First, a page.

This policy proposal attempts to simplify IPv6 policy in a number of ways.
For example, it:
* Deletes a number of historical sections and items that duplicate
text elsewhere in the NRPM.
* Removes the HD-ratio, instead incorporating values calculated
from it as the basis for qualification criteria.
It also replaces & rewrites section 6.5 "Policies for allocations and
assignments" entirely. This rewrite:
* Eliminates the different criteria for allocations (ISPs) vs.
assignments (end users) and replaces them with a single common set of
criteria for both classes of users. The allocation vs. assignment
distinction itself is preserved, as it still forms a useful basis for a
cost-recovery fee structure, and for other parts of the NRPM (such as
* Creates a size-class-based system for allocating IPv6 address
This has a number of advantages over the existing policy:
* Allows for safe filtering of traffic-engineering (TE)
more-specific route announcements.
* In exchange (since PA more-specifics are expected to be
filterable), allows any multihomed organization to get an assignment
from ARIN. The smaller number of such PI assignments (compared to TE
more-specifics) should mean that such assignments will largely be
accepted across the DFZ.
* Expands the use of discrete blocks from which all allocations
will be of identical prefix length and categorization. This will enable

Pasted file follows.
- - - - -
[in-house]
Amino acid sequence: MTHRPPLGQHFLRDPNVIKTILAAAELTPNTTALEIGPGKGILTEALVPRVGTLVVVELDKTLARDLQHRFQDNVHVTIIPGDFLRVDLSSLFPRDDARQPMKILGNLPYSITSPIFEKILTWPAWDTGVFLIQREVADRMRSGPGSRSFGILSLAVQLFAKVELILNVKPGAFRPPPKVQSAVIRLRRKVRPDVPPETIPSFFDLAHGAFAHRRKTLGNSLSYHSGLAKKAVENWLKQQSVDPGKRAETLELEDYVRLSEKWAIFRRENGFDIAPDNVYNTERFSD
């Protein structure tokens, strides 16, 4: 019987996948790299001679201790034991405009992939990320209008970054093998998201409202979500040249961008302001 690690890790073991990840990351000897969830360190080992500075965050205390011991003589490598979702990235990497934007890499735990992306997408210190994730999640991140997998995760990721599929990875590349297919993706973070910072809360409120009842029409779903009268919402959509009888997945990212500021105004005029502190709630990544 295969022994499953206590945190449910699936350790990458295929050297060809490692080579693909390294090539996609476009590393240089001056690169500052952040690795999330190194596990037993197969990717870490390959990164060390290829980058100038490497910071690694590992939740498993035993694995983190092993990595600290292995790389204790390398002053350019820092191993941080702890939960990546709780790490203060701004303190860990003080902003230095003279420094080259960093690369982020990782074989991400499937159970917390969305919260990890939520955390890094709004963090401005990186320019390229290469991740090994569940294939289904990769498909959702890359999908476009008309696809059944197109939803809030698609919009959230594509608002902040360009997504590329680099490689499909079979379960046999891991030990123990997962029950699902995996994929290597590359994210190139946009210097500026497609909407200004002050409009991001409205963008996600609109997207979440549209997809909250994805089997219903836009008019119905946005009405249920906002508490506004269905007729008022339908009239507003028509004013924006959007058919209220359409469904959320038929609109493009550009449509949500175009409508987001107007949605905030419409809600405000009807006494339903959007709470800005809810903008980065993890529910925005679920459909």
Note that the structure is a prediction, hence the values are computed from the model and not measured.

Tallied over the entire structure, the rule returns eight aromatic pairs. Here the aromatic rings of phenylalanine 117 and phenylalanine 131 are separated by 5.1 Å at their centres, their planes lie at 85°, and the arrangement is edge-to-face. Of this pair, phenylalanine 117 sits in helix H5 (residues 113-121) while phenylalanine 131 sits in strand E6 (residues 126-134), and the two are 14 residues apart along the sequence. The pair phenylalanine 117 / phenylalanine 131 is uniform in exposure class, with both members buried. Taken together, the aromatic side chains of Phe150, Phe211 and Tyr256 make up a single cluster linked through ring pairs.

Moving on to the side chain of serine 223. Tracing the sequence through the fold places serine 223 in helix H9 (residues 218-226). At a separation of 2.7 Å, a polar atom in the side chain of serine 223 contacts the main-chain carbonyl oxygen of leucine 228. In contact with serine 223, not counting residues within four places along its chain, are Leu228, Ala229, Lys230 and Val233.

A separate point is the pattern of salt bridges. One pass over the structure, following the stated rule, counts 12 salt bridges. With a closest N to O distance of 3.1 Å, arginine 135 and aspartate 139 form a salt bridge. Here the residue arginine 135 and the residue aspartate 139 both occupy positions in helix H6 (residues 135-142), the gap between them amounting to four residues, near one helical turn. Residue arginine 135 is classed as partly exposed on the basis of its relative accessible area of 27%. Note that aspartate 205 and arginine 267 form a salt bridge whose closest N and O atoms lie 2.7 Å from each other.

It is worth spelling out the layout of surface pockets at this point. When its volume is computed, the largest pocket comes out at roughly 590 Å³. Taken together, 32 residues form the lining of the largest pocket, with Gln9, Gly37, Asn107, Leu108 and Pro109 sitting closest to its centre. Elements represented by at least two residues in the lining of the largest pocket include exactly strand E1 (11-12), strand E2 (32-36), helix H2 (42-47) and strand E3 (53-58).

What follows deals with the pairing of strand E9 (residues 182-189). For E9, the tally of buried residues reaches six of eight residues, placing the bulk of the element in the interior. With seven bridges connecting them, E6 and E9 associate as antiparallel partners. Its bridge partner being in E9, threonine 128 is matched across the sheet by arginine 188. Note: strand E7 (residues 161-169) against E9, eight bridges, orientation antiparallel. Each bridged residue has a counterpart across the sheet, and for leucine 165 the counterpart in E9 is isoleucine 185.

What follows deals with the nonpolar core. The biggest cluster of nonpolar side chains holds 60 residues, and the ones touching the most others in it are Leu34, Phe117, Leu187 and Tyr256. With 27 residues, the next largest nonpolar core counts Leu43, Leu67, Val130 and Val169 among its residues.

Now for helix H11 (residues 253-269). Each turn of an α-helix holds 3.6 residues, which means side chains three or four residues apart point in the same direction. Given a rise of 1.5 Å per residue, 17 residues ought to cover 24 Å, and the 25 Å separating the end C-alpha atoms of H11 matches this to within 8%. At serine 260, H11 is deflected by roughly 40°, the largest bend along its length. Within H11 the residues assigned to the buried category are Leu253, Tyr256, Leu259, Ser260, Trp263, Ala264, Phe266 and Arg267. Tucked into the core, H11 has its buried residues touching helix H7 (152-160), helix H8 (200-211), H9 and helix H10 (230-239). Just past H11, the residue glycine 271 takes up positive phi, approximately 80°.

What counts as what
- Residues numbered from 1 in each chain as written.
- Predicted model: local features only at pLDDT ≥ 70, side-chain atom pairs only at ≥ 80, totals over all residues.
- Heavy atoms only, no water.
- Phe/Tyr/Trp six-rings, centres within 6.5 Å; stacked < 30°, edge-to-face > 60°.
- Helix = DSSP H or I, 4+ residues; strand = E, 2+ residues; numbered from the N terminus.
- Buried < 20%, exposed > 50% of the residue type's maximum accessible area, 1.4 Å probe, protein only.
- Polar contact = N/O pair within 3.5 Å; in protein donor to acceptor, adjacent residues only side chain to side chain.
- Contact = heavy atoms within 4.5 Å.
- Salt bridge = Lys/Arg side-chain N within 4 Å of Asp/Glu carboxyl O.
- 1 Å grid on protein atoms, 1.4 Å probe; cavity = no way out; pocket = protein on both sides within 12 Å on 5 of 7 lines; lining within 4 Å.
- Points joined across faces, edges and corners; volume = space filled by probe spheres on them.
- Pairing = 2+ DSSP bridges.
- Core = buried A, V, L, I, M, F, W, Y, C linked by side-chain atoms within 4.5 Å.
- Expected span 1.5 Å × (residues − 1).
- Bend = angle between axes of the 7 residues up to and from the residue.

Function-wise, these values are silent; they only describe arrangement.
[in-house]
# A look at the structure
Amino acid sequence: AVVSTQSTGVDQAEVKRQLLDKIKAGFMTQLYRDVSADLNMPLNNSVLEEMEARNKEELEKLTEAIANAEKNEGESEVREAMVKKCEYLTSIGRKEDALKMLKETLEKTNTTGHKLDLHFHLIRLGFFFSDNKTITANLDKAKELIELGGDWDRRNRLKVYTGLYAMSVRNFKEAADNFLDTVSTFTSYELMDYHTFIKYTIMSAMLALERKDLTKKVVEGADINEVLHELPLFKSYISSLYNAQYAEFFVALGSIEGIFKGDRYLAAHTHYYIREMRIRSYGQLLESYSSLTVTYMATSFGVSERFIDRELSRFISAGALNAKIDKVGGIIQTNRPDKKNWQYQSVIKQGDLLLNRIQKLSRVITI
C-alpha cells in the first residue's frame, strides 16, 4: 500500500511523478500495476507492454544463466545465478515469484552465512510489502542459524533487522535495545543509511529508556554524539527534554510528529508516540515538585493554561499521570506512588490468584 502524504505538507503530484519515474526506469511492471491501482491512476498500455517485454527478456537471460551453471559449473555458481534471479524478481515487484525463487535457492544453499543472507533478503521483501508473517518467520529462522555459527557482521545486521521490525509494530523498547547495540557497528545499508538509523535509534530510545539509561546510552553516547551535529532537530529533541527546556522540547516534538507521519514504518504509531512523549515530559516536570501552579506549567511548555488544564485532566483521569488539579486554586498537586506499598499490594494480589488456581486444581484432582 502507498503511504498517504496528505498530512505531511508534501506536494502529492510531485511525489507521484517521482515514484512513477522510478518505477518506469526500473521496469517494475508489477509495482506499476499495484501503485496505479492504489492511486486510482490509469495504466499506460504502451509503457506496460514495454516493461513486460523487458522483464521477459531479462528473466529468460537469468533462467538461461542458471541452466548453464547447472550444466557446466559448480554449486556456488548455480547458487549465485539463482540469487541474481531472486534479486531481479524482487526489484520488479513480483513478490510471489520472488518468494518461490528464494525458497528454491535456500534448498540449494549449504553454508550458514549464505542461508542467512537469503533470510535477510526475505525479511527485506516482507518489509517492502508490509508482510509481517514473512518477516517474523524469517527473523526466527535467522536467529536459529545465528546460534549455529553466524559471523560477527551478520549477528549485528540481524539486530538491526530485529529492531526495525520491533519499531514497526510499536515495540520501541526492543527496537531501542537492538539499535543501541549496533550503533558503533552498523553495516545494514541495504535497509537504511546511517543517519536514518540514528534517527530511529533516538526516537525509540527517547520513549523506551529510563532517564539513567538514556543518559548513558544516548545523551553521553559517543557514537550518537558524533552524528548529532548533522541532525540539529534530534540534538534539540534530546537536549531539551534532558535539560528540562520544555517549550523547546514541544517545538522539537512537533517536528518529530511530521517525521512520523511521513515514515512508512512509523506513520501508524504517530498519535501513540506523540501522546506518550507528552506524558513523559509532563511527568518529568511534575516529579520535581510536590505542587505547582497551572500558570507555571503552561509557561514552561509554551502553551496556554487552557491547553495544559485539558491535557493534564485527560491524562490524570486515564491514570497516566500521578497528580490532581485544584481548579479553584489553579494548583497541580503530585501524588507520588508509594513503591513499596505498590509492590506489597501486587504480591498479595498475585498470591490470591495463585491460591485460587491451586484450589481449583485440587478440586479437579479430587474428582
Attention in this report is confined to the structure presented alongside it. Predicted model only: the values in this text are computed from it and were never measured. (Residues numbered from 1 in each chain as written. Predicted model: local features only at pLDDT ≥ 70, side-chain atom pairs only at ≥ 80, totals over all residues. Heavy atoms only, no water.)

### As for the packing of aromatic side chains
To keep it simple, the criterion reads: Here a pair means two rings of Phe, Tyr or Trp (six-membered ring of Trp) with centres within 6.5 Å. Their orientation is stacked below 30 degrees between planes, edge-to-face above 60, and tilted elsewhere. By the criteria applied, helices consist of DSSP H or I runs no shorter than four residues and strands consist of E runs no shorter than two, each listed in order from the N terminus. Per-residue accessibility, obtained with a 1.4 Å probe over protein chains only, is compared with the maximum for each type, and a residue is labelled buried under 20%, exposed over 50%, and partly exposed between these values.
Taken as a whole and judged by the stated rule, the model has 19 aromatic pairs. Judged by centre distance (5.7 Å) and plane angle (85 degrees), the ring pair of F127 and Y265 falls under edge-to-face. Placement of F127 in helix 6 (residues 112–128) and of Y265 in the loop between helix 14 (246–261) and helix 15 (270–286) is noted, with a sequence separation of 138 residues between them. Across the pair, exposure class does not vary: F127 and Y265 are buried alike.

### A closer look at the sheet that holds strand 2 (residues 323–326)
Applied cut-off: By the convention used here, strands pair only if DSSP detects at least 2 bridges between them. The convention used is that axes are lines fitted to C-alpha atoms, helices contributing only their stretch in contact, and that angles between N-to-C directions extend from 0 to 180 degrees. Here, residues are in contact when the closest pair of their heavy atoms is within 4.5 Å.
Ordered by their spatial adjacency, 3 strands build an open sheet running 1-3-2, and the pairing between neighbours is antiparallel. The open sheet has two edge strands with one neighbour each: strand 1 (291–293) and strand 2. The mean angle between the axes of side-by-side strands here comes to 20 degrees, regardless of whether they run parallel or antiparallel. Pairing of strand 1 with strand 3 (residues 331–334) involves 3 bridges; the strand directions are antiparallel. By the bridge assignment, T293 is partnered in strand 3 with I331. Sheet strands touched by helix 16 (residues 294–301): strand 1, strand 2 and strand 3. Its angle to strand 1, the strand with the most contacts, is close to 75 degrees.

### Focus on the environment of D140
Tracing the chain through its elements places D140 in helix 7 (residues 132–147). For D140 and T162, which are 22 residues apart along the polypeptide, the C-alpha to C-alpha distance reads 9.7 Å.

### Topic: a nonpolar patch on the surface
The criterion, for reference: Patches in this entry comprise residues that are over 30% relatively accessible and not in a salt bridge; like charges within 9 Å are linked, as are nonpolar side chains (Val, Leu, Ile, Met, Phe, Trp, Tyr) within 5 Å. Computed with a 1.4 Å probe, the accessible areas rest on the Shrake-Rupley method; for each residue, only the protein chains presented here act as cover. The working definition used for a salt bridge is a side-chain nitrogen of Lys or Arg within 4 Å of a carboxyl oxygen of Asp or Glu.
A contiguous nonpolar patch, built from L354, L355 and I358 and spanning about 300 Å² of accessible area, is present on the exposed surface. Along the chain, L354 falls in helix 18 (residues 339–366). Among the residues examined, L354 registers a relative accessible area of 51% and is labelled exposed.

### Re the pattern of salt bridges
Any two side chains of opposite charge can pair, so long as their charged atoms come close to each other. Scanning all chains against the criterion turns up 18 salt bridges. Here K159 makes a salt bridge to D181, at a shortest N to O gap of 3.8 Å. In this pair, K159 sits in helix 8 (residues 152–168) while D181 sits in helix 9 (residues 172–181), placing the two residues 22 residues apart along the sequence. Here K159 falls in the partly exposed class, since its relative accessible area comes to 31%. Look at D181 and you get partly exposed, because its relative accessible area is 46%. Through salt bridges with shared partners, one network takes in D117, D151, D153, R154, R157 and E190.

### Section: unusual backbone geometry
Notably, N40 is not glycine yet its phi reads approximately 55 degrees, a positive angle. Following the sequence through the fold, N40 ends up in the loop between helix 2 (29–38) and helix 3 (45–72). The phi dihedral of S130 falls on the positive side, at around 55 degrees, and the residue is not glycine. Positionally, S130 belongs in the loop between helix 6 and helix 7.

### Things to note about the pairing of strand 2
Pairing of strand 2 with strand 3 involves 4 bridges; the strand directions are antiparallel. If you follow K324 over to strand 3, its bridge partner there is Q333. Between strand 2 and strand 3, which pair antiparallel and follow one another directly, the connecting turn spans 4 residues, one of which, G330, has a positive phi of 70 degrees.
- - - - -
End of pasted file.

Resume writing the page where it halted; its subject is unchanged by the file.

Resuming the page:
safer and easier TE filtering, as mentioned above.
* Expands the availability of non-routed blocks for internal
infrastructure. Since routable blocks are available to any multihomed
organization, there is no longer a need to restrict the availability of
blocks from the non-routable pool.
* Makes allocations available to any LIR.
Note: In the event of an M&A transfer per section 8.2 that would result
in more than one block of a given size class being held by the combined
organization, the organization should be encouraged to renumber into a
single larger block and return the smaller block(s) when feasible.
However, as long as the organization doesn't require any additional
resources, this policy does not force them to make any changes. OTOH, if
they request a larger block and still hold two or more smaller blocks,
they would be required to return the smaller block as a condition for
receiving the larger one.
Related non-policy suggestion: in order to provide a small incentive for
organizations to renumber and return out of smaller unneeded blocks, the
ARIN fee schedule could be modified such that fees are assessed,
according to the ARIN fee schedule, for each size block issued, rather